It's October, and what does that mean? A month packed with things spooky, kooky and altogether, erm, vintage!
Haxan is a Swedish silent film with a good reputation, but it wasn't entirely what I'd expected. I'd anticipated a series of stories about witchcraft in different eras, and to a degree that's what it is, but it's a documentary with dramatic scenes rather than a succession of mini dramas akin to a portmanteau horror film. Benjamin Christensen based the film on his readings of historical books.
The first 15 minutes is composed of intertitles detailing the history of belief in demons - a very potted one - and historic woodcuts and engravings, with very little in the way of movement. If you like your silents fast-paced and jazzy, you may struggle to get through this bit. It moves on to the Middle Ages (1488, to be precise) and shows an elderly lady making potions. The bulk of the film is set in this one period, and discusses how lonely, marginalised old women were likely to be accused of being witches, and how after one accusation, a whole succession of accusations would inevitably follow. The dramatic pieces are beautifully shot, with detailed, yet obviously flat, sets lending a dreamlike quality to some scenes.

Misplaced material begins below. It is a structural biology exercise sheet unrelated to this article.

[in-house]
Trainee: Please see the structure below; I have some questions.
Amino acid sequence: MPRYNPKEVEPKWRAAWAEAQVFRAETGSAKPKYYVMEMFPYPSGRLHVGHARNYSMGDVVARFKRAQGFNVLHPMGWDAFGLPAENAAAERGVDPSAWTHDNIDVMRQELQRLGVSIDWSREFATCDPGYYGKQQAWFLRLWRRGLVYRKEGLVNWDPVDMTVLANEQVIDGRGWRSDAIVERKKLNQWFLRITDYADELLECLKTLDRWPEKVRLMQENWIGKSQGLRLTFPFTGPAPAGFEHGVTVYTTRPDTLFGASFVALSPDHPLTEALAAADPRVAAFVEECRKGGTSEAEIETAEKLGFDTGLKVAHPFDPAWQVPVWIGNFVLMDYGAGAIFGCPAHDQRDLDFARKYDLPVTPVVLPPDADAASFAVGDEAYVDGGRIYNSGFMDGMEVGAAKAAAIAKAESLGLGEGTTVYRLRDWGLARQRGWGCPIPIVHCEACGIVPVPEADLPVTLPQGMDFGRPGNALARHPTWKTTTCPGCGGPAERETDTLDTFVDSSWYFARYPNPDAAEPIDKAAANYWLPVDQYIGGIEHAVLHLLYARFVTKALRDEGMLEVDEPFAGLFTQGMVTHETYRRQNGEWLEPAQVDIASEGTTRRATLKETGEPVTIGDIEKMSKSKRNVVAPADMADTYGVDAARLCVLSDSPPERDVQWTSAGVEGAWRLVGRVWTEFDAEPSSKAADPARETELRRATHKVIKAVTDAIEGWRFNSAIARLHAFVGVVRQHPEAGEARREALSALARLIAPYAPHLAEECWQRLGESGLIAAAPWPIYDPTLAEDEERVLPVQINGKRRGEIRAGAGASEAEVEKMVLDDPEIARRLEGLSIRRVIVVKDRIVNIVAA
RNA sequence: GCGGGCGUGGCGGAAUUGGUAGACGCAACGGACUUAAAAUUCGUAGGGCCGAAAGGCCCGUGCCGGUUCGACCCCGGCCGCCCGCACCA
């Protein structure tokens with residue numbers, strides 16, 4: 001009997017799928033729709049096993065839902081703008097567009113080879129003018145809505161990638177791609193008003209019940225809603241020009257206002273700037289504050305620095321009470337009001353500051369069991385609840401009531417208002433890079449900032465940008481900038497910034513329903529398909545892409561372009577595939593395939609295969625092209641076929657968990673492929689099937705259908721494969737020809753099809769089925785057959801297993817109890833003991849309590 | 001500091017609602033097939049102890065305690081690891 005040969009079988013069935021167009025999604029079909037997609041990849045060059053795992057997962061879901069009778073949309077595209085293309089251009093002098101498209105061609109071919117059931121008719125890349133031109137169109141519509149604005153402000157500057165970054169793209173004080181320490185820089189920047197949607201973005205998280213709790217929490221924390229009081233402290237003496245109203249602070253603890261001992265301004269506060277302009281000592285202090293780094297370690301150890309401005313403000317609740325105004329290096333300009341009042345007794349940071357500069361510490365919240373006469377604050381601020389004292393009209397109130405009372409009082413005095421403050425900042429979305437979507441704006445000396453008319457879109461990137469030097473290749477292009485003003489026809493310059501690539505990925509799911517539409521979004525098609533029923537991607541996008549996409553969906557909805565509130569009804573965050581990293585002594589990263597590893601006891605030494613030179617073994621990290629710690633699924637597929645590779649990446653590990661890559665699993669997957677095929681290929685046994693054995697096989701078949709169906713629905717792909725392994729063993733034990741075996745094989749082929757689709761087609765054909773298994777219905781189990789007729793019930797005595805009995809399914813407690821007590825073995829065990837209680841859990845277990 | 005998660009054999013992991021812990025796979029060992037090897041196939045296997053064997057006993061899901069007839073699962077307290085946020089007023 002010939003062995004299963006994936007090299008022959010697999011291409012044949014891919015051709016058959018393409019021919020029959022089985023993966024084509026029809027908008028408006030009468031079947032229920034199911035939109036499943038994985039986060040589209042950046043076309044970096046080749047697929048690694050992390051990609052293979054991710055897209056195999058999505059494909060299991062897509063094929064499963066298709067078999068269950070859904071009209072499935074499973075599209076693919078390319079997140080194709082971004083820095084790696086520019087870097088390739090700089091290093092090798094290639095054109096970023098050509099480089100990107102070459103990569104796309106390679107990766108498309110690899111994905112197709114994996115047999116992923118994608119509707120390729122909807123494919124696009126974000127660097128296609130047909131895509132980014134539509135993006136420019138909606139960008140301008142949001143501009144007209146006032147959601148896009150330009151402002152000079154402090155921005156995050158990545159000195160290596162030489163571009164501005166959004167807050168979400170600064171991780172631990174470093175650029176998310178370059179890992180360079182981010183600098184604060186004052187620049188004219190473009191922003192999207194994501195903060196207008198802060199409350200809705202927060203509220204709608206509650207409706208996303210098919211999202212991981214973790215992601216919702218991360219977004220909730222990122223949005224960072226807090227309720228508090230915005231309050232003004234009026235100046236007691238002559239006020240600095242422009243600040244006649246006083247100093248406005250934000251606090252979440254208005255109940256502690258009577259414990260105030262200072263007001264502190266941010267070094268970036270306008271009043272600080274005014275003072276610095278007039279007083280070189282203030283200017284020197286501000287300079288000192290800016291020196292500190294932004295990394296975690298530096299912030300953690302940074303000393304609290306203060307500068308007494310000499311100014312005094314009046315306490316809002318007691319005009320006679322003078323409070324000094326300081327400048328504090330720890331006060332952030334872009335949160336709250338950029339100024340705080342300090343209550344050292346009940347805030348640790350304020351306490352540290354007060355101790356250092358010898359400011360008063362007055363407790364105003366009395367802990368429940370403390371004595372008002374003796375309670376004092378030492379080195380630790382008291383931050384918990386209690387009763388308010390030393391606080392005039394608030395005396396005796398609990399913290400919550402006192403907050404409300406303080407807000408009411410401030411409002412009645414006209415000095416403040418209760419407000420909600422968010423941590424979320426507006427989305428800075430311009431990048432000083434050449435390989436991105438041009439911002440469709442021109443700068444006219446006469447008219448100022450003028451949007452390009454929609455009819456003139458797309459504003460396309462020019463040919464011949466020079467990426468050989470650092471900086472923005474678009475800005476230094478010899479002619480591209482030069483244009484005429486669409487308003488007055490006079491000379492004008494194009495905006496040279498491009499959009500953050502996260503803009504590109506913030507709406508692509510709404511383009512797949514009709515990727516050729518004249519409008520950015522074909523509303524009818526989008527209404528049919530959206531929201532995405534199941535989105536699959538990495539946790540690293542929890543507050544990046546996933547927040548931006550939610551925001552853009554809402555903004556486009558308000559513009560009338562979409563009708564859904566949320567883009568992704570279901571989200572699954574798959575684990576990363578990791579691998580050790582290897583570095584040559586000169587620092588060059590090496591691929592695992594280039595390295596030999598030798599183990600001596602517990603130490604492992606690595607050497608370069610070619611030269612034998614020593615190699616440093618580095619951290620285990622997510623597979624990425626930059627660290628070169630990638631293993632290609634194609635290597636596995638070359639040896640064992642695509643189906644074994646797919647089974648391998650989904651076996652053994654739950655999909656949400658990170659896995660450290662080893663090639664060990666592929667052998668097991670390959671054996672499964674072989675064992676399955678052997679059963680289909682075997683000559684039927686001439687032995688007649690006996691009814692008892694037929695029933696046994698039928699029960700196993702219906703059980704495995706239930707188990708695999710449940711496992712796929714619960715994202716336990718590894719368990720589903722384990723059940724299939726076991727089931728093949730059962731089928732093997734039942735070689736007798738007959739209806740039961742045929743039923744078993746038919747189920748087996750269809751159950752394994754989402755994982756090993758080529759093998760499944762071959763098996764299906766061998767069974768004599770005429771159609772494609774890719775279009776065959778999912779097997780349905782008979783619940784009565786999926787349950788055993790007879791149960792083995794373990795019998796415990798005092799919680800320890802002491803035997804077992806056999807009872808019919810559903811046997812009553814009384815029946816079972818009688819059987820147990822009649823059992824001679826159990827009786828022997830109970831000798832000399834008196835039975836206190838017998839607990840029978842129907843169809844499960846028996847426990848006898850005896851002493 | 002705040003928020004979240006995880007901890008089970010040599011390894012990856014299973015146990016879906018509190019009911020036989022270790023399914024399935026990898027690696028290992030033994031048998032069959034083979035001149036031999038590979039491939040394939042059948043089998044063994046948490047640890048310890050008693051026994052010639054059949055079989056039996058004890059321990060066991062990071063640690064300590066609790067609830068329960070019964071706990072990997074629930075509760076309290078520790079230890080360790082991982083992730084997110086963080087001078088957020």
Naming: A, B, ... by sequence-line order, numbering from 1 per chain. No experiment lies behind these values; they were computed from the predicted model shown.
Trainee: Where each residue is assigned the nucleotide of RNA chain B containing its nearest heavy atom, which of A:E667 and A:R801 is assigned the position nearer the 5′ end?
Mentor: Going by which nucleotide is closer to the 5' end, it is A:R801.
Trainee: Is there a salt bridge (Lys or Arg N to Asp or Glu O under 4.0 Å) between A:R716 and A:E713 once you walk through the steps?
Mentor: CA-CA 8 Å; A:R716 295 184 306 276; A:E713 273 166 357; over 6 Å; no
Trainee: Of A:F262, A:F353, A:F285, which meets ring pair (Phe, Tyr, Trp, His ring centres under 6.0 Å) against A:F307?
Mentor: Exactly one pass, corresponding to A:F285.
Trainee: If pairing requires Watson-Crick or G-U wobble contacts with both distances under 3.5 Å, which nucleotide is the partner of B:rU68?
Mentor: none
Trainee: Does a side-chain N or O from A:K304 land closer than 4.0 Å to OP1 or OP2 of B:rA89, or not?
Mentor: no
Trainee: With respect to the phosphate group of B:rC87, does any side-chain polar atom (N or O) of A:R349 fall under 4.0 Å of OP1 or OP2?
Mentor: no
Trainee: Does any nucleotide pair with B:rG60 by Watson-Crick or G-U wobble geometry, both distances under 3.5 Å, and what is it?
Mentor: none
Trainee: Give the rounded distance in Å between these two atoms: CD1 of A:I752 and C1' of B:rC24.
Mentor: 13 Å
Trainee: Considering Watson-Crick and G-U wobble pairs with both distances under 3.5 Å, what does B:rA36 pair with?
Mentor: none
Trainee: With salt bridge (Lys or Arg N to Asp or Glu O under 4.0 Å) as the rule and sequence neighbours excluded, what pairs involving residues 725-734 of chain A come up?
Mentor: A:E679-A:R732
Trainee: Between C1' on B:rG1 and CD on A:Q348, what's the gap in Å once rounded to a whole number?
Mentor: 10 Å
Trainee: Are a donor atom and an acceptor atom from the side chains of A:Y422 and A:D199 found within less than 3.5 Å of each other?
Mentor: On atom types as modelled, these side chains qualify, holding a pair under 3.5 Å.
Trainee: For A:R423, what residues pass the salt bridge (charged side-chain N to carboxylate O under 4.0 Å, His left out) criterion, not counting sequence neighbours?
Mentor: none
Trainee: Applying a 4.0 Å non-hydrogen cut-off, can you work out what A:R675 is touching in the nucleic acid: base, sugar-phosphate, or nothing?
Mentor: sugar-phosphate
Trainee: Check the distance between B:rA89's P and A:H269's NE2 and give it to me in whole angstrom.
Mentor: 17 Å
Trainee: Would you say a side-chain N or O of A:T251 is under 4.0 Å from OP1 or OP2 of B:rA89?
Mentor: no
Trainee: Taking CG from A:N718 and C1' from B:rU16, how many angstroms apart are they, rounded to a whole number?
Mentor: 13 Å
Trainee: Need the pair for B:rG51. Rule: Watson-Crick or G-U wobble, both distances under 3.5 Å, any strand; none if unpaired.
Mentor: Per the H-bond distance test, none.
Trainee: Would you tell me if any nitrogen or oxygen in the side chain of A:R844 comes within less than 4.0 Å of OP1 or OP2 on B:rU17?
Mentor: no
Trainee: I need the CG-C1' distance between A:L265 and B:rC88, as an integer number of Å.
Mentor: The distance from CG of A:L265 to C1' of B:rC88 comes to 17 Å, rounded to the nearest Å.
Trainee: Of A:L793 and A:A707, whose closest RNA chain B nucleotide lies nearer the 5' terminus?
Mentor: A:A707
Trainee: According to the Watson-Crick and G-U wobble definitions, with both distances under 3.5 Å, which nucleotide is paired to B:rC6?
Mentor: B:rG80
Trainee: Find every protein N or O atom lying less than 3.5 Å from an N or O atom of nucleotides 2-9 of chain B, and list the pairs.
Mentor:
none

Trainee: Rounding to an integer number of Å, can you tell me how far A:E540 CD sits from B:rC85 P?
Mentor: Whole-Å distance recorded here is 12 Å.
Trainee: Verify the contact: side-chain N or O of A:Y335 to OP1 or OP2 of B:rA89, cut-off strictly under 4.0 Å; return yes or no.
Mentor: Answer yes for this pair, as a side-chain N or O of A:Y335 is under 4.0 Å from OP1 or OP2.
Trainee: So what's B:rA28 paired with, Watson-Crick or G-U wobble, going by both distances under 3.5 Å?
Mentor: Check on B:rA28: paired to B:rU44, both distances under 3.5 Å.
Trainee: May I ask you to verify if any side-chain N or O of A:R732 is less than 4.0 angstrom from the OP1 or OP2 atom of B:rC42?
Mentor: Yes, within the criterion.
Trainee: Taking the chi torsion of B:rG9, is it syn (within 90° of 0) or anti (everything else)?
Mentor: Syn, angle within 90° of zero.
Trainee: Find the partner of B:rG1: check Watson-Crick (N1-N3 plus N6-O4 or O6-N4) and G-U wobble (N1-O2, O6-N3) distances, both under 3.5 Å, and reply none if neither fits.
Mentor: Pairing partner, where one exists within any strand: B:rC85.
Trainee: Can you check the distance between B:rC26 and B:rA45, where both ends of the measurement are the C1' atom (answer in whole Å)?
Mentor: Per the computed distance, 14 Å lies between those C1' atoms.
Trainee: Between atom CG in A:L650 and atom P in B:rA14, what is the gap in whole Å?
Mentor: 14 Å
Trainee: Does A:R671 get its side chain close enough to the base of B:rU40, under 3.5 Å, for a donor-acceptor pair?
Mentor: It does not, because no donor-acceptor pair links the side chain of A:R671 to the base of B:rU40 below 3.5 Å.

As modern as its approach to superstition might sound, where the film shows its age, is in its comparison between those accused of witchcraft, and early 20th century diagnoses of hysteria, comparing the modern sleepwalker to the medieval 'witch' who claimed the devil made her do things, for example. While those accused of witchcraft were the least powerful people in their societies, lacking money, youth and masculinity, the film doesn't really explore the fact that the women were likely to have been the ultimate victims of society's fears and anxieties. No, according to early 20th century theories it's all the fault of their own wandering wombs, the silly creatures! (Never mind that men were also accused of witchcraft and no-one ever suggests their nuts travelled round their bodies.)
Haxan is a long film, and while interesting, and while some of the film is very beautiful to look at, I think you probably have to be into silents, feminism or the history of portrayals of witchcraft to enjoy it. It's more a film for academics than one to watch purely for pleasure.